As coastal cities continue to come under siege from rising sea levels and increasingly frequent storms, the long and short-term returns on investment for design strategies that effectively manager water will grow in value and become more apparent.
Cities are the economic engines driving growth in the 21st century — and a vast number of the world’s major cities are in locations vulnerable to flooding. Cities that adopt progressive strategies toward designing with water in mind will possess a distinct competitive advantage and put themselves in a better position to attract new residents and businesses both now and in the future.
Resilient design strategies for coastal cities can be broken down into three scales: the regional scale, the city scale, and the building scale. At the regional scale, begin with the development of an understanding of each city’s distinct ecological infrastructure and an assessment of the risks threatening that infrastructure. Every coastal city faces unique hazards, from receding coastlines displacing residents to the contamination of potable water supplies. Once an understanding of these risks has been established, the adoption of proactive zoning codes acts as the first stage in developing a comprehensive resilience strategy.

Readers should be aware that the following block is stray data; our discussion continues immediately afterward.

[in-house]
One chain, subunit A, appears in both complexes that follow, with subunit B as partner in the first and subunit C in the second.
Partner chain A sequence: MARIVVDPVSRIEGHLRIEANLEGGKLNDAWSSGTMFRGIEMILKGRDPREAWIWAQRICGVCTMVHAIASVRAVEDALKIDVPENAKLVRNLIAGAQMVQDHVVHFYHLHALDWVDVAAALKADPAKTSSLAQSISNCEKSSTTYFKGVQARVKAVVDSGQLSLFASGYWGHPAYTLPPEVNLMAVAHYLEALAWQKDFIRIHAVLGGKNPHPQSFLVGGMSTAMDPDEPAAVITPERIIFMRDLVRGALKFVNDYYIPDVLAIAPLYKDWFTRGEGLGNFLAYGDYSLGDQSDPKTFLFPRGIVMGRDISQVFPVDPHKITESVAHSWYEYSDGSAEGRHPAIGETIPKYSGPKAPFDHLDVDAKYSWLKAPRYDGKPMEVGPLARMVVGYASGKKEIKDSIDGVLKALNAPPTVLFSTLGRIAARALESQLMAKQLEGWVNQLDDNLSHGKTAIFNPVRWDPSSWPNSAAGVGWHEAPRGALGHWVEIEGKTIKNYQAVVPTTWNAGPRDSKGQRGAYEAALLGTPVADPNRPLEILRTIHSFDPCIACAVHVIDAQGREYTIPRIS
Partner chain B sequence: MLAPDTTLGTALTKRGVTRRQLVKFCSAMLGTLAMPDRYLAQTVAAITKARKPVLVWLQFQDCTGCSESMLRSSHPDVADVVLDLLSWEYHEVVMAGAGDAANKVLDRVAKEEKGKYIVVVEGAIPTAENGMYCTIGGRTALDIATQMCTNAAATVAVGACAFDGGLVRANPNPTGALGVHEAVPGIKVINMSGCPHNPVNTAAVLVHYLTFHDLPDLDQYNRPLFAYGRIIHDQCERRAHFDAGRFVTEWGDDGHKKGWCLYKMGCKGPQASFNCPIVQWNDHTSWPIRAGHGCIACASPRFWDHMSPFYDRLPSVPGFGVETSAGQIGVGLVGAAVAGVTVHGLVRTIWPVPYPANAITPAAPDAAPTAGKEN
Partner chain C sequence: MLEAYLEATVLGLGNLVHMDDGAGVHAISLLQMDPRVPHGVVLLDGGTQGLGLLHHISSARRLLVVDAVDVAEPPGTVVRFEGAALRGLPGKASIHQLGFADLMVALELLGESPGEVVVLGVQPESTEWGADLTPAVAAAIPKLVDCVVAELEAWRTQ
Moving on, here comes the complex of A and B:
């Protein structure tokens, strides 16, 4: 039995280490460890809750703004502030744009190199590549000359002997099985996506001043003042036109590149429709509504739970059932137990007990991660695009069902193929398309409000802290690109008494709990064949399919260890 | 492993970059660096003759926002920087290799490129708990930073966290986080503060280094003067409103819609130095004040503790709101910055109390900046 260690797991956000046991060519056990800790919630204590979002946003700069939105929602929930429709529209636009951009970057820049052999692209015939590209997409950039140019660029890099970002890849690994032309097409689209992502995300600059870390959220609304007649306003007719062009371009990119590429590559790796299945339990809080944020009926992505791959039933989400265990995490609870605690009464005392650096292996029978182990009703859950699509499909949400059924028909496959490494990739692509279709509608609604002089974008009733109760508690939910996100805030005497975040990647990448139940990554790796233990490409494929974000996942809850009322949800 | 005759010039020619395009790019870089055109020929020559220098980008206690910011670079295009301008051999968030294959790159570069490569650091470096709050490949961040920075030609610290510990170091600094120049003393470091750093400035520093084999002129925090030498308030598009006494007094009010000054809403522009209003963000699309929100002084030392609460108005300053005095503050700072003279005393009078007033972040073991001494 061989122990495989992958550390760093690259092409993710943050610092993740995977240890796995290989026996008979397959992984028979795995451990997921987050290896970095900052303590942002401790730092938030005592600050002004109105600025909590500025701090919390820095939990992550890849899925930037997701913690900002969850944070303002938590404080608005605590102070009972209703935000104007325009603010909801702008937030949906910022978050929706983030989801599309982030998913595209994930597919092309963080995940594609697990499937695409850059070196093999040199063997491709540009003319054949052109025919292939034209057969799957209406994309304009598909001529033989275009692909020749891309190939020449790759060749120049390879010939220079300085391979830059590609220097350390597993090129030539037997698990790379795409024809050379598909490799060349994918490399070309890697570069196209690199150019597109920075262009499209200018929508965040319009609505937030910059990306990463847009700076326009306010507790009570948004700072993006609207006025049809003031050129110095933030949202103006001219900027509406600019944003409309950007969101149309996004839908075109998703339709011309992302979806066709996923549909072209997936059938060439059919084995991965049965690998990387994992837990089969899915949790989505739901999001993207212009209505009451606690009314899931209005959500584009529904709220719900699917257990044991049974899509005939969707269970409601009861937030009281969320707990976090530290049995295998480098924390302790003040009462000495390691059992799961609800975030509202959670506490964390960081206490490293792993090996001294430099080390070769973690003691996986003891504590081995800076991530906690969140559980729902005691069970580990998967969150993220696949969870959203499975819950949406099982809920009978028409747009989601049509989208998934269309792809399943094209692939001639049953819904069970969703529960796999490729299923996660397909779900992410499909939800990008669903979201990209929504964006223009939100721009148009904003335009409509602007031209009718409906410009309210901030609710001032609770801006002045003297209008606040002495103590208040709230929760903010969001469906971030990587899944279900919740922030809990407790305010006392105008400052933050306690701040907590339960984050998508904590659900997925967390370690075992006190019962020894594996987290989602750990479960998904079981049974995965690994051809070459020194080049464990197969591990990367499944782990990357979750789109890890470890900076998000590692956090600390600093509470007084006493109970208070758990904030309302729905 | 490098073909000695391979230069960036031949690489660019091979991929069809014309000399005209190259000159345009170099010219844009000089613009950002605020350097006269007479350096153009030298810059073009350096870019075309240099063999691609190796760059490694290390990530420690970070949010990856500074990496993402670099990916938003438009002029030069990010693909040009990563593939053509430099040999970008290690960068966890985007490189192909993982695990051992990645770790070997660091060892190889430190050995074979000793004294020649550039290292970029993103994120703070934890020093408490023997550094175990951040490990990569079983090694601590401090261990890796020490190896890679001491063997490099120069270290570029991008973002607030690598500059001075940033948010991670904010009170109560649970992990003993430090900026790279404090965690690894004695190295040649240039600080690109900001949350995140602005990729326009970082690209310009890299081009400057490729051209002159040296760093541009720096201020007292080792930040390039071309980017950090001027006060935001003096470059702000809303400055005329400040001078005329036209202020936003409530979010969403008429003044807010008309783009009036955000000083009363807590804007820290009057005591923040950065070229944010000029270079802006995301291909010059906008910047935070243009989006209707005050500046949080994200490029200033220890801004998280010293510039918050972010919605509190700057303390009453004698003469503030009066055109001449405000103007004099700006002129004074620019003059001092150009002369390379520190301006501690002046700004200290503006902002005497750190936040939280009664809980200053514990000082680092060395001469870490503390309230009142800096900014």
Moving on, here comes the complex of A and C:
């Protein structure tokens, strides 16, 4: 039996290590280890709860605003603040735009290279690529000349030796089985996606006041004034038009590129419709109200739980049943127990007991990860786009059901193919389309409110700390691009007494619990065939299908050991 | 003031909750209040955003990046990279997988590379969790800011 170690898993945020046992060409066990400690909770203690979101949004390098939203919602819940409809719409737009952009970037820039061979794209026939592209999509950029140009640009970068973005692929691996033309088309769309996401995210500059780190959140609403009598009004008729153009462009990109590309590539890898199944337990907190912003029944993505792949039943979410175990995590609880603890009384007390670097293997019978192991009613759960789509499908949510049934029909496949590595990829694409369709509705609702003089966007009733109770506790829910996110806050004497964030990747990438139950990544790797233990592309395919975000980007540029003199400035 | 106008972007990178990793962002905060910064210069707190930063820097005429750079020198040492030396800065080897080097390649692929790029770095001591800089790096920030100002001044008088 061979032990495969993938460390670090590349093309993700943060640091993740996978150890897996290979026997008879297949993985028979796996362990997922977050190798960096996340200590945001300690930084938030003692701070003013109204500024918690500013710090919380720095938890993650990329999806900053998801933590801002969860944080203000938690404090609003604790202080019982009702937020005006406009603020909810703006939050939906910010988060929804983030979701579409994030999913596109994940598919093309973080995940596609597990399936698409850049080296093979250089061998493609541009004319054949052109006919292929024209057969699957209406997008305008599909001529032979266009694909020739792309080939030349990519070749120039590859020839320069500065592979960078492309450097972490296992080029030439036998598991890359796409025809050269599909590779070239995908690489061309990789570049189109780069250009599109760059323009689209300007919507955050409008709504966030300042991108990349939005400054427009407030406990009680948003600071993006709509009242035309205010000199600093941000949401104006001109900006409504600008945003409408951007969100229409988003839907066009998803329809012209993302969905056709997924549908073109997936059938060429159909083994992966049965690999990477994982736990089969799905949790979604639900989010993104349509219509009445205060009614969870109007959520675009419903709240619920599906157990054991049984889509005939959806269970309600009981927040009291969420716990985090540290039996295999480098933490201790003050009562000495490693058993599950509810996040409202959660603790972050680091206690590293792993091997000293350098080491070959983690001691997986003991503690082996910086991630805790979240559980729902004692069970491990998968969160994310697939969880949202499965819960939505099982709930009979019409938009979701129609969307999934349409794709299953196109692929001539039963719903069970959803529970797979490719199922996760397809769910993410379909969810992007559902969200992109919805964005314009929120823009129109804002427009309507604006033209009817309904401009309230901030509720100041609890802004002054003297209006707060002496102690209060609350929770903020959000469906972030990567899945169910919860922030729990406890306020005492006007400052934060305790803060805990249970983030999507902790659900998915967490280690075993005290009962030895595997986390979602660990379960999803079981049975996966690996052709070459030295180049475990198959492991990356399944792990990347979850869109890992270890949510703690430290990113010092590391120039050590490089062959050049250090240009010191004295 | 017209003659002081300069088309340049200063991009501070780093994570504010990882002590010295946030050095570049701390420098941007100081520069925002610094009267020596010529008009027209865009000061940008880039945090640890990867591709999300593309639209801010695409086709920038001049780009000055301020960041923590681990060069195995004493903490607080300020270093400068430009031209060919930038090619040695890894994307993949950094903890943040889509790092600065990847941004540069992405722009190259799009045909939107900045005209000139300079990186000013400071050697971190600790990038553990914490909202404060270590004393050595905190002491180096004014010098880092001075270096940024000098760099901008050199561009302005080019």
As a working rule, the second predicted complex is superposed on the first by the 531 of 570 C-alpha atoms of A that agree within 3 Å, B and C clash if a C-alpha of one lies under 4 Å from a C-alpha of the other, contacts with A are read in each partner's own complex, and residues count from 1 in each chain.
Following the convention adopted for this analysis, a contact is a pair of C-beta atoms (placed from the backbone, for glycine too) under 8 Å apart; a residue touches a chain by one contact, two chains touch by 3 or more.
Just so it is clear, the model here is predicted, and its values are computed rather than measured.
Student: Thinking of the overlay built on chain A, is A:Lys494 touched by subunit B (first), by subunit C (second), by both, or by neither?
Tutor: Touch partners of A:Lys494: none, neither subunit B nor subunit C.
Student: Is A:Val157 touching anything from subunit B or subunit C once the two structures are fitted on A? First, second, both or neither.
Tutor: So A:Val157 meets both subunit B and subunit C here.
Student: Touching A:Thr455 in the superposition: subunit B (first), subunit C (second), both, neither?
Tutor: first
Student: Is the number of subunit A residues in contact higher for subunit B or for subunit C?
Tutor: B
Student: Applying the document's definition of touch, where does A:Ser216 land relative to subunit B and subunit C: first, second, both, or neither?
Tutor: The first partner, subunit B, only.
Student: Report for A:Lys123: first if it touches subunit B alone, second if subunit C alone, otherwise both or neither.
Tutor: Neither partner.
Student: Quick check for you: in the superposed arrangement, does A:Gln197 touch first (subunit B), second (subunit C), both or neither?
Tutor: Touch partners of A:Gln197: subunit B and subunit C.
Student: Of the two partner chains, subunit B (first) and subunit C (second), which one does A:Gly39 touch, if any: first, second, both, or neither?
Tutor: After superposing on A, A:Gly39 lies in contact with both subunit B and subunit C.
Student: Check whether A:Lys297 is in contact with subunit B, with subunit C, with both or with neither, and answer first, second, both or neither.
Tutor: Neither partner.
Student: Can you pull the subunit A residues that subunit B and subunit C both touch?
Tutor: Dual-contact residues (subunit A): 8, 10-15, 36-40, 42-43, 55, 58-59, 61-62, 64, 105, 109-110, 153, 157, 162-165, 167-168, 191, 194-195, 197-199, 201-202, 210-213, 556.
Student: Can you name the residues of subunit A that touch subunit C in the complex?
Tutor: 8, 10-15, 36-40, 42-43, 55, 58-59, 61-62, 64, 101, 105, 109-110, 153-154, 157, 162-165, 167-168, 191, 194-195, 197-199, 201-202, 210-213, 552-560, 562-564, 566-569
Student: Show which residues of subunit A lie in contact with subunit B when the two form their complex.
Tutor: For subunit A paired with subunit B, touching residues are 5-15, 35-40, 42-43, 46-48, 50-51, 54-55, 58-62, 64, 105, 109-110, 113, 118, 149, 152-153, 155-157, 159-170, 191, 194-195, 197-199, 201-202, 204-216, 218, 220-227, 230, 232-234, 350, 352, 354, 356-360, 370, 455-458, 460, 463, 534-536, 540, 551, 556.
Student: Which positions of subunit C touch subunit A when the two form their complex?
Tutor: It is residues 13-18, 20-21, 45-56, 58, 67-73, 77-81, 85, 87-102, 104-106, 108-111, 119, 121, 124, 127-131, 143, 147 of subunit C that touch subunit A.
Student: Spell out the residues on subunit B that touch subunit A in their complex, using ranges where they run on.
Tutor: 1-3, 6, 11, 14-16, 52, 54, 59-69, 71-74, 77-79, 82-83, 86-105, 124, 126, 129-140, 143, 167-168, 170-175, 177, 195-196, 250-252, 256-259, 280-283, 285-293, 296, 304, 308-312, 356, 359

Cities are in a prime position to consider strategies specifically designed to combat sudden or gradual influxes of sea water. Possible solutions include cut/fill canals that channel water away from the built environment to flood-proofed sites, and also constructing coastal dunes and dedicated wetlands that inhibit flooding and appropriately store both flood and fresh water.